“Many of the families we spoke to said they have very little rights and no access to public services within Kurdistan,” said Mr. Constantin, noting that as Arab speakers, they “feel they would have more rights and will be easier for them to cope in a strange country like in Jordan or Lebanon, rather than in Kurdistan.”
Returning to their villages seems more and more remote, he added. “Many families and religious sisters informed us that the experience of liberating Tel Eskof village following the air raids of the coalition against ISIS was a real disappointment. A few families decided to return back to that village to find their homes were seriously destroyed by the raids and those houses that escaped destruction were mined by the fanatic militants before their withdrawal.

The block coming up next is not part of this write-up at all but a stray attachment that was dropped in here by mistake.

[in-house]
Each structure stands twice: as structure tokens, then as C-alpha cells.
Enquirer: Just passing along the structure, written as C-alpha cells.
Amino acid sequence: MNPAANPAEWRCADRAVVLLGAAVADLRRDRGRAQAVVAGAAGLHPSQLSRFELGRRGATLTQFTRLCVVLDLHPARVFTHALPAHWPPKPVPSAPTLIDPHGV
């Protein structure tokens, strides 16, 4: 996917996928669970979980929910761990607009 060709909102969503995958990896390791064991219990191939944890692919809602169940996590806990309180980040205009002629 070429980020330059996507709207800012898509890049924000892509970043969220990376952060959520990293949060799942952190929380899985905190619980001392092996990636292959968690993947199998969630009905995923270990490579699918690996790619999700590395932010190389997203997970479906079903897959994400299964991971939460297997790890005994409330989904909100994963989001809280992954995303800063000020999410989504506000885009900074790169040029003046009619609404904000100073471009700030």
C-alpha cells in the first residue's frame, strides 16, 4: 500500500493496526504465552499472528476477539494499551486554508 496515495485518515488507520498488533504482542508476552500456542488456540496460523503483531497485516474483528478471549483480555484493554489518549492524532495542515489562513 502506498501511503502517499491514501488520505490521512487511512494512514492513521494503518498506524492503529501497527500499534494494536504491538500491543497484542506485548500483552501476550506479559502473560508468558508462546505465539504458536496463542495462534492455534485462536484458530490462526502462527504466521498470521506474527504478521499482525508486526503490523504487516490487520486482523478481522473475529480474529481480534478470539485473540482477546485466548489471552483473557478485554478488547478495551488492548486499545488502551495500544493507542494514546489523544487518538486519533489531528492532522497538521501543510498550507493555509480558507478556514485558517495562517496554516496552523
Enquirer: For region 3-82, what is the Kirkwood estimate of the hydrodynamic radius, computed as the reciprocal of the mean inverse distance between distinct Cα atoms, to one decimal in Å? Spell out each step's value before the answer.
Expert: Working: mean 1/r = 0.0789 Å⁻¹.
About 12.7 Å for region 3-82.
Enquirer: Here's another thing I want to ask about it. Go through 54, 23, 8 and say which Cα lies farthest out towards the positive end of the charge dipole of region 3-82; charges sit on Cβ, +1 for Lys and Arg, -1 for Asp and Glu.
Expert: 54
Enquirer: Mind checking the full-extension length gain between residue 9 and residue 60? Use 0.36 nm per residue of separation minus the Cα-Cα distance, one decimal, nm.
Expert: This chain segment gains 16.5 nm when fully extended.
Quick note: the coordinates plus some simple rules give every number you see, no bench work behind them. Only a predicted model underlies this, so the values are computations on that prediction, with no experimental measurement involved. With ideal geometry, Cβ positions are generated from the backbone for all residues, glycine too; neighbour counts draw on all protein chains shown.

“It is noteworthy to mention that a week ago a 16-year-old boy died when he tried to enter his house mined in Tel Eskof. This situation has made the return to their homes almost impossible.”
To learn how you can help, please visit this giving page.
10 November 2014
It is no secret: This has been a time of tremendous turmoil for so many in the Middle East.
War this summer in Gaza left thousands dead, an overwhelming majority of them civilians. At the same time, violence exploded in Iraq, as radical Islamic jihadists — from their base in Syria — began their assault of Iraq, targeting Christians and other minorities. Hundreds of thousands of people found themselves literally running for their lives, fleeing to mountain refuges, or to Erbil, Baghdad, Amman and Beirut.
The autumn edition of the magazine brings vividly to life the hardship and the hope of so many who live in the land where Christianity first began.